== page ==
Sommaire: July 15, 2002: Statement by H.E. Ambassador Ellen Margrethe Løj, Permanent Representative of Denmark to the UN, on behalf of the European Union, on the Strengthening of the co-ordination of emergency humanitarian assistance of the United Nations at the Humanitarian affairs segment of the Economic and Social Council 2002 (New York)
I have the honour to speak on behalf of the European Union. The countries of Central and Eastern Europe associated with the European Union Bulgaria, Czech Republic, Estonia, Hungary, Latvia, Lithuania, Poland, Romania, Slovakia, Slovenia and the associated countries Cyprus and Malta as well as the EFTA country member of the EEA Iceland align themselves with this statement.
The European Union wishes to compliment the Secretary-General for his report under this agenda item. We find it well balanced and much to the point in the way the various issues are addressed. We have studied with particular interest the very useful list of specific recommendations.
One important function of the humanitarian segment during ECOSOC is to establish general guidelines for the work of the United Nations in the humanitarian field, including the work of OCHA. The European Union welcomes the decision to aim at concluding our discussions by adopting a resolution that can provide such guidance.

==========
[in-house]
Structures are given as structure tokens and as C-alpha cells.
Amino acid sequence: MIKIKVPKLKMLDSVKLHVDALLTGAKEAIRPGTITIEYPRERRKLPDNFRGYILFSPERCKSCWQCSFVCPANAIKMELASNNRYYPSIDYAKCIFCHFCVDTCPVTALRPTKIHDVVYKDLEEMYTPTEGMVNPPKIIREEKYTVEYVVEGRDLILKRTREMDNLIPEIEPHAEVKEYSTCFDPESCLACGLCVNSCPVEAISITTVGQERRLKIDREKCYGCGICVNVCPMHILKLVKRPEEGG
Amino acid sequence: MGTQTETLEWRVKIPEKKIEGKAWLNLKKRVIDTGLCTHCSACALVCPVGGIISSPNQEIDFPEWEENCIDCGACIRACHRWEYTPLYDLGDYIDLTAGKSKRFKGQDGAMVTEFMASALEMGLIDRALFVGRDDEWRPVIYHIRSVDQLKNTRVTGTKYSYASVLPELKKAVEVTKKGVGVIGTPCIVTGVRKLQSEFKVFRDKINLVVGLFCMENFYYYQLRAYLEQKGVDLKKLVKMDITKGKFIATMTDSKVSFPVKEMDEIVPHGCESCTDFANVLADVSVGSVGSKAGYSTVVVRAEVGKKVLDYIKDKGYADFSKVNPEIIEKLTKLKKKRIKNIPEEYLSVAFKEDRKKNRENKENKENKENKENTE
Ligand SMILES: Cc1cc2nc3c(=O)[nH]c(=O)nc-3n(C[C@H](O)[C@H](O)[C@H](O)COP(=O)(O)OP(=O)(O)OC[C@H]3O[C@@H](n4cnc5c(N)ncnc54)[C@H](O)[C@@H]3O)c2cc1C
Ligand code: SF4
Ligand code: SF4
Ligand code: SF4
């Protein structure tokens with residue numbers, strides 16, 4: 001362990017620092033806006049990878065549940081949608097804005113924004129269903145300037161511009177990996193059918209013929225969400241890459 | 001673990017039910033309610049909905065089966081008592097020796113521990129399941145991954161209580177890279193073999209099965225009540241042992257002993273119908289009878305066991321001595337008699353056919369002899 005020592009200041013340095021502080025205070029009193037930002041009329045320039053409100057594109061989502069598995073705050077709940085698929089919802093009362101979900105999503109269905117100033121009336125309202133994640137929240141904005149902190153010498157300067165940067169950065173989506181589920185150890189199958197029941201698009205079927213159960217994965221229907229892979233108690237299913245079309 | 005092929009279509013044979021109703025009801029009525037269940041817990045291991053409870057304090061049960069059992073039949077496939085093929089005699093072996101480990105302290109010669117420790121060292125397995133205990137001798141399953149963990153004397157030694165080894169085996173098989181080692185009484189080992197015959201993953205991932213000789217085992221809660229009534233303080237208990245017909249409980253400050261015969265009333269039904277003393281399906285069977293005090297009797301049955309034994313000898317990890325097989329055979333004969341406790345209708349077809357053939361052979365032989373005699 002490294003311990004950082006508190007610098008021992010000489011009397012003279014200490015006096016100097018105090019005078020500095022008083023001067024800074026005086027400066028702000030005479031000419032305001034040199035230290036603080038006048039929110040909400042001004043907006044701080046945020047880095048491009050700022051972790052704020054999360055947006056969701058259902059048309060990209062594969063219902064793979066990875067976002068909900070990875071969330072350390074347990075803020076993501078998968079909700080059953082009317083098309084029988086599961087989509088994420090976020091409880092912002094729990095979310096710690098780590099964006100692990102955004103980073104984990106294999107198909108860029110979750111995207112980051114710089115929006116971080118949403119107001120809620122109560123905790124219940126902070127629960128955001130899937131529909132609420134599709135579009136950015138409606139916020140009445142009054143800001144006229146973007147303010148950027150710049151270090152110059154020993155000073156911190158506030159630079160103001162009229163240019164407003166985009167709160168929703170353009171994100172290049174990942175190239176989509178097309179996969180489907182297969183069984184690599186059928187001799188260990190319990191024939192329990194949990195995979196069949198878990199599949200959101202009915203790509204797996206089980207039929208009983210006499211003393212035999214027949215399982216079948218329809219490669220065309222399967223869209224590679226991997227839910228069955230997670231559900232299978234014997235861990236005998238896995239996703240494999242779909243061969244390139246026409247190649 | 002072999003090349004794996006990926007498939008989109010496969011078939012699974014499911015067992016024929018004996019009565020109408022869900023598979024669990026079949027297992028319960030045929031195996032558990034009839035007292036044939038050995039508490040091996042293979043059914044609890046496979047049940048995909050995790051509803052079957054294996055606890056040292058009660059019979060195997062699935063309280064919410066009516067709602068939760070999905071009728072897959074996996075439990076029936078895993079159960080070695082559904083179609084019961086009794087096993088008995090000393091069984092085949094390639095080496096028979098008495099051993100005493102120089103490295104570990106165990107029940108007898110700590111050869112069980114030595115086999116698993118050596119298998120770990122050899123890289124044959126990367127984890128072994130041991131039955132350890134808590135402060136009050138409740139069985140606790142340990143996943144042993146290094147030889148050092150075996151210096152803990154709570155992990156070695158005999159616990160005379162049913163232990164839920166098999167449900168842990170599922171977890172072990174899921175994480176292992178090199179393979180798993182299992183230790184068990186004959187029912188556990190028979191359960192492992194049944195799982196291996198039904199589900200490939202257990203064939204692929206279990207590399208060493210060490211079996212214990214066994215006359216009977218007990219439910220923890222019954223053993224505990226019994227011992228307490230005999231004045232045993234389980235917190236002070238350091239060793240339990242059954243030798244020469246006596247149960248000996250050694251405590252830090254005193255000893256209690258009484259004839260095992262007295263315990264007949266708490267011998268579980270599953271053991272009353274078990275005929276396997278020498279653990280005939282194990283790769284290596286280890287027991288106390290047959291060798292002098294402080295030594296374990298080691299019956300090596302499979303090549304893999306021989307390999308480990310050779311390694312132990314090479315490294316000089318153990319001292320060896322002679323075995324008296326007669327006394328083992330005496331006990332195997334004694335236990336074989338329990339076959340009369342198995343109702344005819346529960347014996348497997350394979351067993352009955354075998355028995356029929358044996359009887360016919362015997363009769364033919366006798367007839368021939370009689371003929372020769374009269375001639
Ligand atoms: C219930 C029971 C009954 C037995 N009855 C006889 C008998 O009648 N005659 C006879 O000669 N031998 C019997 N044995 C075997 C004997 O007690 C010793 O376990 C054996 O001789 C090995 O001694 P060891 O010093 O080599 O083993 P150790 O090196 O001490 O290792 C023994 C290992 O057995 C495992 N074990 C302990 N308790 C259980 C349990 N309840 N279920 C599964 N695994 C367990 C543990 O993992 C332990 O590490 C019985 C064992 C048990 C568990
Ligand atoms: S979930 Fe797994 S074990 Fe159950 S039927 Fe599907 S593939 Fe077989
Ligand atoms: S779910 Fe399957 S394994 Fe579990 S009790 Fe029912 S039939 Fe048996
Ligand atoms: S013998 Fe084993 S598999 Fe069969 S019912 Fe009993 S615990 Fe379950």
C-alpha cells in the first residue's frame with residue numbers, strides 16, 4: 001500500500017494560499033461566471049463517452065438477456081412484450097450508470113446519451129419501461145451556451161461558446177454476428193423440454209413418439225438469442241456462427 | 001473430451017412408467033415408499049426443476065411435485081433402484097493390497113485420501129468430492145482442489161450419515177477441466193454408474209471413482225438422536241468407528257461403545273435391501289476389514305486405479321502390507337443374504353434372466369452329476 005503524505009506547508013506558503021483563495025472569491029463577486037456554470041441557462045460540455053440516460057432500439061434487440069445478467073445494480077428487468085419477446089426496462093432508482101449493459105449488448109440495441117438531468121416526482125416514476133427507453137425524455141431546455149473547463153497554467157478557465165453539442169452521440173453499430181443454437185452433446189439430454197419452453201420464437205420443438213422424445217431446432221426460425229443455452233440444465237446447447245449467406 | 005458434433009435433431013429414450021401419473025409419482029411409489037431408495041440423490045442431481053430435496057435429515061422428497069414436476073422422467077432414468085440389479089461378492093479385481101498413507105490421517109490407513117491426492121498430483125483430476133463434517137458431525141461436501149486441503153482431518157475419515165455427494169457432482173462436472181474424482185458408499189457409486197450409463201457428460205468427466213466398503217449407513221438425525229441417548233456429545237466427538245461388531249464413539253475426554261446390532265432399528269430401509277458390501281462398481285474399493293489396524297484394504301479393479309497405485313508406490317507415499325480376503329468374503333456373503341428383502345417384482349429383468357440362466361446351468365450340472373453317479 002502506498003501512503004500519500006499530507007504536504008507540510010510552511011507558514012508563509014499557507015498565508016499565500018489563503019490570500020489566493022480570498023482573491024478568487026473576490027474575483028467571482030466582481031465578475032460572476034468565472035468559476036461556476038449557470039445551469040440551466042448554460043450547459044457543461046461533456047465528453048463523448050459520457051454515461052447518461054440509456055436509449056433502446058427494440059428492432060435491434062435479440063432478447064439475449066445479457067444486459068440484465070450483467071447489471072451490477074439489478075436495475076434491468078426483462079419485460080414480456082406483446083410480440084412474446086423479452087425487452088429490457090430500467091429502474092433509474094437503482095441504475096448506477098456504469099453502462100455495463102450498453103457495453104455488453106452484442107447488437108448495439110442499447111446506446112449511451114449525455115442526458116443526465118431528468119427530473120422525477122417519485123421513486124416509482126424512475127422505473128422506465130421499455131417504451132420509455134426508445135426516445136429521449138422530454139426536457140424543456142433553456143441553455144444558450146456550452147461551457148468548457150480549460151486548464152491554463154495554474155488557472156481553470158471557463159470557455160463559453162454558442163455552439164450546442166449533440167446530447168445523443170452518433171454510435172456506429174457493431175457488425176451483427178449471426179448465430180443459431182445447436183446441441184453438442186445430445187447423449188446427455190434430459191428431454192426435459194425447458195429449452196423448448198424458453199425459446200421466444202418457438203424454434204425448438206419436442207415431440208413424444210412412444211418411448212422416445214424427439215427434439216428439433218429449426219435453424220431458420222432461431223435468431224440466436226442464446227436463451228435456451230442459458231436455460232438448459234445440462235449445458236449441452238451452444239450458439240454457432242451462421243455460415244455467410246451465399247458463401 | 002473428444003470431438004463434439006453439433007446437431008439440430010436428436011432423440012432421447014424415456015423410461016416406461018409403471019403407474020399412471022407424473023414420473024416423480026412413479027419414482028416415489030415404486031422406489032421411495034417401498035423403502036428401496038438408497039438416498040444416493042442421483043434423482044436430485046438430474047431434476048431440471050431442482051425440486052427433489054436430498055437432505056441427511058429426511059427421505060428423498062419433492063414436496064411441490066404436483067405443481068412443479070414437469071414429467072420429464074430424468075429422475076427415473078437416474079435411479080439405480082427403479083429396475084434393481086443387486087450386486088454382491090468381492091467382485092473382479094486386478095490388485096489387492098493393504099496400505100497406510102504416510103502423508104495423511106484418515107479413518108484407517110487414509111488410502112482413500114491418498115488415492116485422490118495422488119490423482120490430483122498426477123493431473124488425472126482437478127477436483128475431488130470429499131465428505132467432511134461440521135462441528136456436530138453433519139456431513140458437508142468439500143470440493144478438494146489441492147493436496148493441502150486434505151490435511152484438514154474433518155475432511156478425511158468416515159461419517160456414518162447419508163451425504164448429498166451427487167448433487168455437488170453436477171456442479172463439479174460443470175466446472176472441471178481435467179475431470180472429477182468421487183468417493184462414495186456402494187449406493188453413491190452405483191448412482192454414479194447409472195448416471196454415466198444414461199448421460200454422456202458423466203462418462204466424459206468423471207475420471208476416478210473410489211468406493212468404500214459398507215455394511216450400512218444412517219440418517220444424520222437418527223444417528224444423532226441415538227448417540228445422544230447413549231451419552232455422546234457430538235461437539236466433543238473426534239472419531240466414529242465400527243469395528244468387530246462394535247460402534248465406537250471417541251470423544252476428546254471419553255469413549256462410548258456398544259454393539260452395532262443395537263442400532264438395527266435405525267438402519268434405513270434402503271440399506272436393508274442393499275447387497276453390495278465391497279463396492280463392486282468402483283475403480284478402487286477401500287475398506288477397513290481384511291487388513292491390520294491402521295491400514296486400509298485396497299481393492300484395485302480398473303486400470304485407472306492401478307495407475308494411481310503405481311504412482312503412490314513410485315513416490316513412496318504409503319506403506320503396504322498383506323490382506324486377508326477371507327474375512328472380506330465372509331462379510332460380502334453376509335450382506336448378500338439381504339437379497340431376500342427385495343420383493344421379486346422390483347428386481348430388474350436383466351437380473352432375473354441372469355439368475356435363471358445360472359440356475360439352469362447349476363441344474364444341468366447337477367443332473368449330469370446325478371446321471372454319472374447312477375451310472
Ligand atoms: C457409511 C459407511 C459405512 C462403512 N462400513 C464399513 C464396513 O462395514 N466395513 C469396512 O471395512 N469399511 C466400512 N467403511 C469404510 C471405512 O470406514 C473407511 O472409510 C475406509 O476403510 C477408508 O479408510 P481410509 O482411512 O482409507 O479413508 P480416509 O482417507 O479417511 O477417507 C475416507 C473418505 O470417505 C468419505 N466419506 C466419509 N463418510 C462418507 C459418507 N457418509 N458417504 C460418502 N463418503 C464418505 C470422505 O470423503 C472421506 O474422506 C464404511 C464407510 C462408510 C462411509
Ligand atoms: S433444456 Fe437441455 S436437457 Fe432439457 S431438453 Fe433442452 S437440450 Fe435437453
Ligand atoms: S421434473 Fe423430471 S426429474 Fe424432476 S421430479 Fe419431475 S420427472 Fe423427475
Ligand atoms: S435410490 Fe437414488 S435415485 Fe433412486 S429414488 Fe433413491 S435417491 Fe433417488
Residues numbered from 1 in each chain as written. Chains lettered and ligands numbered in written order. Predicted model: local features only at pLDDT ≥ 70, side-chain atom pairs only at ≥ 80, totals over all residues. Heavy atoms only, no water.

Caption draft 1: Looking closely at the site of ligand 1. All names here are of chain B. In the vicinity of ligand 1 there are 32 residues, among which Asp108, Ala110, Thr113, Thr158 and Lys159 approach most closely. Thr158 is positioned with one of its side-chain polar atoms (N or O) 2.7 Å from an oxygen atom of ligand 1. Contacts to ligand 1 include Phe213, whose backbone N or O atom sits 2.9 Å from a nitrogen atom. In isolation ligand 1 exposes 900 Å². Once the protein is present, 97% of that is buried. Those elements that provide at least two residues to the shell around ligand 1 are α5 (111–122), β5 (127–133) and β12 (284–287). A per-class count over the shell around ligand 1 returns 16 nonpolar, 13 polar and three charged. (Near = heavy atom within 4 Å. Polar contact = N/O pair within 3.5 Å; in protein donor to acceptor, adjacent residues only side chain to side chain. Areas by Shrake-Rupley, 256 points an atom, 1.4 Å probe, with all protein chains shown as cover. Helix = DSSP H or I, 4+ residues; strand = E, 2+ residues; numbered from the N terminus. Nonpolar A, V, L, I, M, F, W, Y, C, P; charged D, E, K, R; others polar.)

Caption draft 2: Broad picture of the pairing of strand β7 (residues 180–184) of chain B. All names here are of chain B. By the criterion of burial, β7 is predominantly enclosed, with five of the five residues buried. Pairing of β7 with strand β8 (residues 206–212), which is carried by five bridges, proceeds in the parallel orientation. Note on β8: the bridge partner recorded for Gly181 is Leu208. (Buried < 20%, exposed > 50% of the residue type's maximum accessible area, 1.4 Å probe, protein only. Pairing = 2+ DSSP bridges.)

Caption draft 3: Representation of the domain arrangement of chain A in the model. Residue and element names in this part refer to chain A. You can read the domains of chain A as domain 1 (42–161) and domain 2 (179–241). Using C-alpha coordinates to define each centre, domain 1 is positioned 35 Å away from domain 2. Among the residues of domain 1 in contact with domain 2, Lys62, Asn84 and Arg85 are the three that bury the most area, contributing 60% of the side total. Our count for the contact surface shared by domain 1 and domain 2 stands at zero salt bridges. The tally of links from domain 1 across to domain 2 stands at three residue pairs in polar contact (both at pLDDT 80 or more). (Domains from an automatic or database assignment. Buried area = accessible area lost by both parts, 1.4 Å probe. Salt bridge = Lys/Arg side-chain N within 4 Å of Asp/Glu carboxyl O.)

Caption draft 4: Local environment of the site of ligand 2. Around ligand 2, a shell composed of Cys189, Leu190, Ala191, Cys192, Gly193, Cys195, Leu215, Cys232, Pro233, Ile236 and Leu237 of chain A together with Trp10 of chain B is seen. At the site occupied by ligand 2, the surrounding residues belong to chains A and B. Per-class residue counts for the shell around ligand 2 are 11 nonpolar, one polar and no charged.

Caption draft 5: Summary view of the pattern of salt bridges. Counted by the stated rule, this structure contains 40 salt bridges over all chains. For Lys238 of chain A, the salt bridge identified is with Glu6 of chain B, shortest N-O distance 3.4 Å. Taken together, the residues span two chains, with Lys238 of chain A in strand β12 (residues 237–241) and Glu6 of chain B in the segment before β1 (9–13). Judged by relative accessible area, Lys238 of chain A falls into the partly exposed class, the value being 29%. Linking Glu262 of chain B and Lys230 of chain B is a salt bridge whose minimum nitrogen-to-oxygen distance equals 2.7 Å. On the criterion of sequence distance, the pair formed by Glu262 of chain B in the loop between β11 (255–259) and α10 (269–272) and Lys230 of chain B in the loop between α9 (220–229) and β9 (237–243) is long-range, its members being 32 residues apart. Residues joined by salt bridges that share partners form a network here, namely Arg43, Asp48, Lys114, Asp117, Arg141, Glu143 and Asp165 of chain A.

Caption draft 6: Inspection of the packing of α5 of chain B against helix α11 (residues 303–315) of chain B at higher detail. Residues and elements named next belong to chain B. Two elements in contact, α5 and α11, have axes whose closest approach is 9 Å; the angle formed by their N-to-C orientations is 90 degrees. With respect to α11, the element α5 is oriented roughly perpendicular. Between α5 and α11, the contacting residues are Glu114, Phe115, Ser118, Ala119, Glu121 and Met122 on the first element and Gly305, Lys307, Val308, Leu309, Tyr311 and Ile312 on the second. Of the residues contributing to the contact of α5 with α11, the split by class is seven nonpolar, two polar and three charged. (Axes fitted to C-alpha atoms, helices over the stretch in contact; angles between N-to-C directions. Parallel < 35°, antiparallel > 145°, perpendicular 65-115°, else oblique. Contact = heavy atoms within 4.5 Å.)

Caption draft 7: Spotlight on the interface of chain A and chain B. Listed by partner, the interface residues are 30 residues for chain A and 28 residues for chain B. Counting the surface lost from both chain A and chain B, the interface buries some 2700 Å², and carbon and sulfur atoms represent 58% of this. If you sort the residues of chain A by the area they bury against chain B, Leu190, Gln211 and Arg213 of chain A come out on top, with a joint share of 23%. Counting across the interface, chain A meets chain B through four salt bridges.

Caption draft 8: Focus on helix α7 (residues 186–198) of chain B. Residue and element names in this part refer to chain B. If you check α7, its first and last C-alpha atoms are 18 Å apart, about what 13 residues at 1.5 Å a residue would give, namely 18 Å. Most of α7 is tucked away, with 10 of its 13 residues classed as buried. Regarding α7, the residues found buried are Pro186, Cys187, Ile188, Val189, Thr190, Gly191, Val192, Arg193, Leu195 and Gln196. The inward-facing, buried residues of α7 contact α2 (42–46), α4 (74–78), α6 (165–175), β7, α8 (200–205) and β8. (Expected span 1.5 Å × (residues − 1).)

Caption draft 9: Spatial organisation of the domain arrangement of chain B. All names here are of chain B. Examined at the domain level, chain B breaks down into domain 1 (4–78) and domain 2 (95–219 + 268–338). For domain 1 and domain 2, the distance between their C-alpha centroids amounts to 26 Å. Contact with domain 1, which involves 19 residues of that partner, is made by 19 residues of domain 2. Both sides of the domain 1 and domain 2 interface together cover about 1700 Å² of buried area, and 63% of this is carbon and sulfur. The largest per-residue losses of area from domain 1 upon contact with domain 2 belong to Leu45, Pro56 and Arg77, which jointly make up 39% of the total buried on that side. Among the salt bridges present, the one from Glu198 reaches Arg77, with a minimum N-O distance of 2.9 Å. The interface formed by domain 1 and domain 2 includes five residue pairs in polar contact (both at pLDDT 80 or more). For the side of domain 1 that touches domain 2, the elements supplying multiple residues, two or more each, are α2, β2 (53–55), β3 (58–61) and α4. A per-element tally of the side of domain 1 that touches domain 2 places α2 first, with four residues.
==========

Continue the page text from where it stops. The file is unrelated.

The ongoing large-scale humanitarian operation in Afghanistan has underlined once again the radically changed conditions under which humanitarian assistance often has to be delivered today. It is essential that we continue to make determined efforts to ensure that resources available for international humanitarian assistance are employed as effectively as possible.
Overall co-ordination of international humanitarian assistance efforts should continue to be the responsibility of the United Nations as envisaged in resolution 46/182. This is a particularly important point at a time when it is clear that the organisations of the UN system often find themselves operating in a very crowded space, with diverse - and sometimes new - humanitarian actors and limited funds.